Butler County Press

Butler County Press (Hamilton, Ohio) 1900-1946 [LCCN: sn83045012]
Digital Edition: April 18, 1913 – August 30, 1946

The Butler County Press was established at the turn of the twentieth century in southwest Ohio by Edward E. Weiss and John F. Mayer as “the official organ of organized labor of Hamilton and vicinity.” Weiss and Mayer also involved themselves in the operations of its printer, Nonpareil Printing Company, and were known for fair, community-minded attitudes that kept the loyalty of their readers. Although they claimed no responsibility for the perspectives published in the paper, which they often sourced from other cities, the editors of the Butler County Press favored lighthearted material about everyday people. The final page of each issue was reserved for local business advertisements beneath the banner, “Patronize Hamilton Industries.” This page also featured a roster of nearby unions with instructions on when and where interested workers could join their meetings.

Hamilton and the surrounding Butler County hosted a range of manufacturers, including textiles and machinery, that made the area receptive to unionization. Rather than finding sponsorship with any particular industries or union groups, the Butler County Press was endorsed by the Trades and Labor Council of Hamilton, Ohio, which represented the interests of all working-class folk in the area. According to the newspaper, one of the major union ideals was “to allow the laboring men to live like Americans,” a sentiment that extended outside the workplace and into the community.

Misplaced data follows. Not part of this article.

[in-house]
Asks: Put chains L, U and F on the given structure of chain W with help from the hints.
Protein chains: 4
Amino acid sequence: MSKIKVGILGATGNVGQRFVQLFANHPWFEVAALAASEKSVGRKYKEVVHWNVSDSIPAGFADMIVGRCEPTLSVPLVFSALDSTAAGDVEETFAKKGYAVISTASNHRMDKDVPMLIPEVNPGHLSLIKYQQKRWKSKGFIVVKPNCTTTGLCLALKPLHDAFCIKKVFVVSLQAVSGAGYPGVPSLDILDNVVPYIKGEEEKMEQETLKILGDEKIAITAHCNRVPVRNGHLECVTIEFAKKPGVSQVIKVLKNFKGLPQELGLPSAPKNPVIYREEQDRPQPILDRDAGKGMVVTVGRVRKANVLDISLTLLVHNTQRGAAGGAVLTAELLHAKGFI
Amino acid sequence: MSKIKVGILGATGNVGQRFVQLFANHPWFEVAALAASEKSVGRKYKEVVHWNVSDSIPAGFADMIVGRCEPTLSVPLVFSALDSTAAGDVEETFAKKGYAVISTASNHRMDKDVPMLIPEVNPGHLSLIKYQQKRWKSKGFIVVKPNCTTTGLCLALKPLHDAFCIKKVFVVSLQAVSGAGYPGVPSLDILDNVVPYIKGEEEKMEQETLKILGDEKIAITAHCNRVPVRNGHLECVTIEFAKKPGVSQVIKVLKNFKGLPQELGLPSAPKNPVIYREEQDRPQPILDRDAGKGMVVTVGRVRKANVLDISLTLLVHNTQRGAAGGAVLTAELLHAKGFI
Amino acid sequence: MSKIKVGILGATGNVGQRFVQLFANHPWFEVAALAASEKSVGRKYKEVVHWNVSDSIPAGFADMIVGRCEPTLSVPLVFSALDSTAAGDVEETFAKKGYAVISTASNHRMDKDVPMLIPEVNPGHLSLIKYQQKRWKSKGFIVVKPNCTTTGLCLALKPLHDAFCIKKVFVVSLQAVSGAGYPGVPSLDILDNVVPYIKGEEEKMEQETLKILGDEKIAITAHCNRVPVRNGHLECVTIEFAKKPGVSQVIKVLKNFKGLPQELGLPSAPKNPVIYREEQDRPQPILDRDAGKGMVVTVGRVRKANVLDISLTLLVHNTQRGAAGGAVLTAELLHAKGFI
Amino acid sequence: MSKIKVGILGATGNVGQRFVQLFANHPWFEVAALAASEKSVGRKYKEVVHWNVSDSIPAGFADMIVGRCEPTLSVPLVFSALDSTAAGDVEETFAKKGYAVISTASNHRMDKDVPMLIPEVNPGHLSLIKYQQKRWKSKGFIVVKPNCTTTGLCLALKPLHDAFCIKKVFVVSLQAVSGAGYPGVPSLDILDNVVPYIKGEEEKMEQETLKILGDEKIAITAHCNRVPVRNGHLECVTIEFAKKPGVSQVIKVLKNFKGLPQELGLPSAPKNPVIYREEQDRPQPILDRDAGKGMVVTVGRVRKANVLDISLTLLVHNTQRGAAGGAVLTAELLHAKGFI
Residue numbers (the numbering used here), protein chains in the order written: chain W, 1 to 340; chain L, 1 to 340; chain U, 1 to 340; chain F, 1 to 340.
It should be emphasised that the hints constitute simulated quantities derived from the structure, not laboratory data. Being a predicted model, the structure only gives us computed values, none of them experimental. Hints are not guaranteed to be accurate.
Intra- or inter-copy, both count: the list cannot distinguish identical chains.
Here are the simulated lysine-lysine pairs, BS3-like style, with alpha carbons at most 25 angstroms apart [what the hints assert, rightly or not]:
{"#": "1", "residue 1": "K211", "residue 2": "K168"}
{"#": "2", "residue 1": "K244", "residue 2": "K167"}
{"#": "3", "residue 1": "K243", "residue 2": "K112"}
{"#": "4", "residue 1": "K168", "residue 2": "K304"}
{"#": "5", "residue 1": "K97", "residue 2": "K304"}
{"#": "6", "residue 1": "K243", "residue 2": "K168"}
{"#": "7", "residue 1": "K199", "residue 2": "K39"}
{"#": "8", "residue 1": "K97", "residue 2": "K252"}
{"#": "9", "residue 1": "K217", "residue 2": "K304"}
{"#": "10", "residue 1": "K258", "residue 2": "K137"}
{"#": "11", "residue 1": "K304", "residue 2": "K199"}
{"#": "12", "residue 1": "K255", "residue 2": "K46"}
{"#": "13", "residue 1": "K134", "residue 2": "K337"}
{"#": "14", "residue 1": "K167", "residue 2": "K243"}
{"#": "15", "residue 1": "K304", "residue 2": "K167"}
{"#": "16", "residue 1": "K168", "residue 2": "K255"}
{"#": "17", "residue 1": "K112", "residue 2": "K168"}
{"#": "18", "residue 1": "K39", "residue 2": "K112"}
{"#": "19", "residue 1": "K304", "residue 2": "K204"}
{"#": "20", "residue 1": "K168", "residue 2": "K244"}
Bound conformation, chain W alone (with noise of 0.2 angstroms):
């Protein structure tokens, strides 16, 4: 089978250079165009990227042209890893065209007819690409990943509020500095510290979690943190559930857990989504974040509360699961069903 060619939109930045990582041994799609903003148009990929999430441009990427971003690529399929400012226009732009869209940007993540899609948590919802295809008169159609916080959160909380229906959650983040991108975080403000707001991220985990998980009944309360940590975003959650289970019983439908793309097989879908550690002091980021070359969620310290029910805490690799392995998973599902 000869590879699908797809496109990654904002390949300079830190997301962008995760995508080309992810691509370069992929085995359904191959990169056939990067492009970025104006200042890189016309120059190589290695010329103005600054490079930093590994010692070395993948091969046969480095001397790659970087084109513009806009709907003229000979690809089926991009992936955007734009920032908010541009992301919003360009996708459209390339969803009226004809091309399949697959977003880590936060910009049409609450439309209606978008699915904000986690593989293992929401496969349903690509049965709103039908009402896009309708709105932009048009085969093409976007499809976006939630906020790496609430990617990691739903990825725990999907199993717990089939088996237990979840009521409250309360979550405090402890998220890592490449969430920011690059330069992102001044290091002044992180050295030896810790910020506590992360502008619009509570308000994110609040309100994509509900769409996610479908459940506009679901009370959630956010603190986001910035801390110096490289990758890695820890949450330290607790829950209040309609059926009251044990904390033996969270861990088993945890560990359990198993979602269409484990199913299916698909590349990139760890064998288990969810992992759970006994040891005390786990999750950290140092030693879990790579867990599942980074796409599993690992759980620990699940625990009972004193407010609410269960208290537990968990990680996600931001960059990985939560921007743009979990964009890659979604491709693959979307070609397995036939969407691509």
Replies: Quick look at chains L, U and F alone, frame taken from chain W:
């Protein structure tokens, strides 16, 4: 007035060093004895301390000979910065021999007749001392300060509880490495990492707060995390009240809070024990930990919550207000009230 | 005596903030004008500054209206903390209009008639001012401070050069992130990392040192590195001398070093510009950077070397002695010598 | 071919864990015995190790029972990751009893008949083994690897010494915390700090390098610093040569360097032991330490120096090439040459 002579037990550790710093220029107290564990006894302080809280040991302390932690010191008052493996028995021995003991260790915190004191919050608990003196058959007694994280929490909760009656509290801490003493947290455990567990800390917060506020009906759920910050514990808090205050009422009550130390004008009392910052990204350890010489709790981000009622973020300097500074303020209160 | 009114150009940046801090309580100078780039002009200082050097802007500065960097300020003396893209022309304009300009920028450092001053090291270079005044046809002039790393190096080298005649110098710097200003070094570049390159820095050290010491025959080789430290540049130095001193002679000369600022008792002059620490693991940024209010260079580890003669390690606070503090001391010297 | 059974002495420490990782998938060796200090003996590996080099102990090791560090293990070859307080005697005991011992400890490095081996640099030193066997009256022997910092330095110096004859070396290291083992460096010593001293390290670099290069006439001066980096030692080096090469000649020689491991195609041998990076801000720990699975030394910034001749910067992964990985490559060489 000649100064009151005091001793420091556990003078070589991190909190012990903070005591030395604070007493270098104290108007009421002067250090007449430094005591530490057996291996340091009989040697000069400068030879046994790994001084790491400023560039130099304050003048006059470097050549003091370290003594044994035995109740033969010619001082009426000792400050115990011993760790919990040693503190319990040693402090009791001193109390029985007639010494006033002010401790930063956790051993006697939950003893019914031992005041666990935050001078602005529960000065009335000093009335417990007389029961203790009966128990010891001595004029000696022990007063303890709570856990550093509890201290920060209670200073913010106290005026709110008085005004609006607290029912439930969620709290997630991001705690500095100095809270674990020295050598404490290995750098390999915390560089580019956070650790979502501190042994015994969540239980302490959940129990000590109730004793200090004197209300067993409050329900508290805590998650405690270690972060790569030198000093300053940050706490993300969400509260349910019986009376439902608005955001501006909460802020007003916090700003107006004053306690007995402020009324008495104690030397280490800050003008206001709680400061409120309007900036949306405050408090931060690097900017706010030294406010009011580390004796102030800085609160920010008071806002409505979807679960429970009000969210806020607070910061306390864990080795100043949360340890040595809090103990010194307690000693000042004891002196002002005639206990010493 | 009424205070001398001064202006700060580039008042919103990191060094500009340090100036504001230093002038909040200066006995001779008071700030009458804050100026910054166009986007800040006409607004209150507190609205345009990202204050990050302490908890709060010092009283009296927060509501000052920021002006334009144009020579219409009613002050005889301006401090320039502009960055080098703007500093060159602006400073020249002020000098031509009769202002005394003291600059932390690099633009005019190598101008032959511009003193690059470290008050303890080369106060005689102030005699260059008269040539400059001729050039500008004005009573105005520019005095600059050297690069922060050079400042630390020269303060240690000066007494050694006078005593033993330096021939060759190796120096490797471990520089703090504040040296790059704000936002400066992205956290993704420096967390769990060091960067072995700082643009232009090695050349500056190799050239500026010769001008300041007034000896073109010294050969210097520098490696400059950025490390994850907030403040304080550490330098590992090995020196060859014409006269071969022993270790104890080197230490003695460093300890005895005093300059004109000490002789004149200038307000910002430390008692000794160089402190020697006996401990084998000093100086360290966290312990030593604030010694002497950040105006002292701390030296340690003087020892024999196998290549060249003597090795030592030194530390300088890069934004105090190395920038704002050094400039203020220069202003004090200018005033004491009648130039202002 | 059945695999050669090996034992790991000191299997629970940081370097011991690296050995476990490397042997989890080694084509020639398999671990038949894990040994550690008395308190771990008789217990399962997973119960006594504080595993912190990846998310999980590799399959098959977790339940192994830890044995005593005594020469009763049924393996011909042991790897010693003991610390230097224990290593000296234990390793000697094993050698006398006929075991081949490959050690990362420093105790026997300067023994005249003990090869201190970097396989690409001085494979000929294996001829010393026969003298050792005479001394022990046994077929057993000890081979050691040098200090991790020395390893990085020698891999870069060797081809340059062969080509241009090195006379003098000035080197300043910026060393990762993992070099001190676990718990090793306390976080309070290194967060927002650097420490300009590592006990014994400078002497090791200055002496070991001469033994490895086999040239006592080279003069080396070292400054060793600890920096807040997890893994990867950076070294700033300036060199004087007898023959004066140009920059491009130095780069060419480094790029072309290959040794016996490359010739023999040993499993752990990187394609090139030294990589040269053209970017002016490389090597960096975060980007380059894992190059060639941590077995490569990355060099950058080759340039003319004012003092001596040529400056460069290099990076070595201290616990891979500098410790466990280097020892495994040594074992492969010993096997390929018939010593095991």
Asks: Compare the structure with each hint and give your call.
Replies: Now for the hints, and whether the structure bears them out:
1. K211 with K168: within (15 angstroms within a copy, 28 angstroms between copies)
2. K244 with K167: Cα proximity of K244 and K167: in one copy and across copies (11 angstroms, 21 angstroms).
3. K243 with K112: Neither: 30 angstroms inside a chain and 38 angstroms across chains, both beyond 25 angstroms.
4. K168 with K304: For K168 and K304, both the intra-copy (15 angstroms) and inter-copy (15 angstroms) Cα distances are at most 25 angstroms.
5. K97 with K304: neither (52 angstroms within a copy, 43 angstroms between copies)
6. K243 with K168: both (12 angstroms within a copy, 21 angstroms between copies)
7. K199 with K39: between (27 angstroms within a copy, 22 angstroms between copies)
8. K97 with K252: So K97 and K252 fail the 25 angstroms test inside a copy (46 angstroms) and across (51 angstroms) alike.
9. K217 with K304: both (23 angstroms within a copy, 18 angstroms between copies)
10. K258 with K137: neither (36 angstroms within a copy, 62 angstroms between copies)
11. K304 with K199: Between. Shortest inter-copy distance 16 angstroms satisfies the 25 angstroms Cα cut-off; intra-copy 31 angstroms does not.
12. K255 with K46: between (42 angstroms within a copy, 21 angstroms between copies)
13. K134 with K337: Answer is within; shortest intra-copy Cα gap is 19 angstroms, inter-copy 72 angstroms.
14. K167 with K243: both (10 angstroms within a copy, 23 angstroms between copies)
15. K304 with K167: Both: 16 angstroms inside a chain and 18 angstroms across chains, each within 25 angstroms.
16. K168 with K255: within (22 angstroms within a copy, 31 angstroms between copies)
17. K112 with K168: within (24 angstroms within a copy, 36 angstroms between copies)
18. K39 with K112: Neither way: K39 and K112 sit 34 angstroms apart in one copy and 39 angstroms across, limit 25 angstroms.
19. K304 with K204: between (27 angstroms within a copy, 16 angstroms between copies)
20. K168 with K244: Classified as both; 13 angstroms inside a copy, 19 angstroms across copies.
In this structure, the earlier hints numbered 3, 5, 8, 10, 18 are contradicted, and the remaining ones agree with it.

As the only newspaper publishing labor interests in the county at the time, the Butler County Press reliably produced at least four pages every Friday. On or near Labor Day, it released an extended issue that celebrated national success in labor movements and urged readers to support local business. Although the news content featured primarily national stories, the ad content was strictly local. In the wake of the devastating flood that demolished parts of the Miami Valley in 1913, shoe warehouses reassured that “not a pair of water-soaked or flood-damaged shoes” were in stock—a notice only appreciable by the residents of the area. The Butler County Press adopted more entertaining content by adding photographs to its news stories and including amusing cartoons. Perhaps due to the paper’s lack of competition and appeal to toilers of every trade, the paper retained its title throughout its lifespan between 1900 and 1946, when it appears to have concluded with a final Labor Day special.

Researched and written by Jen Cabiya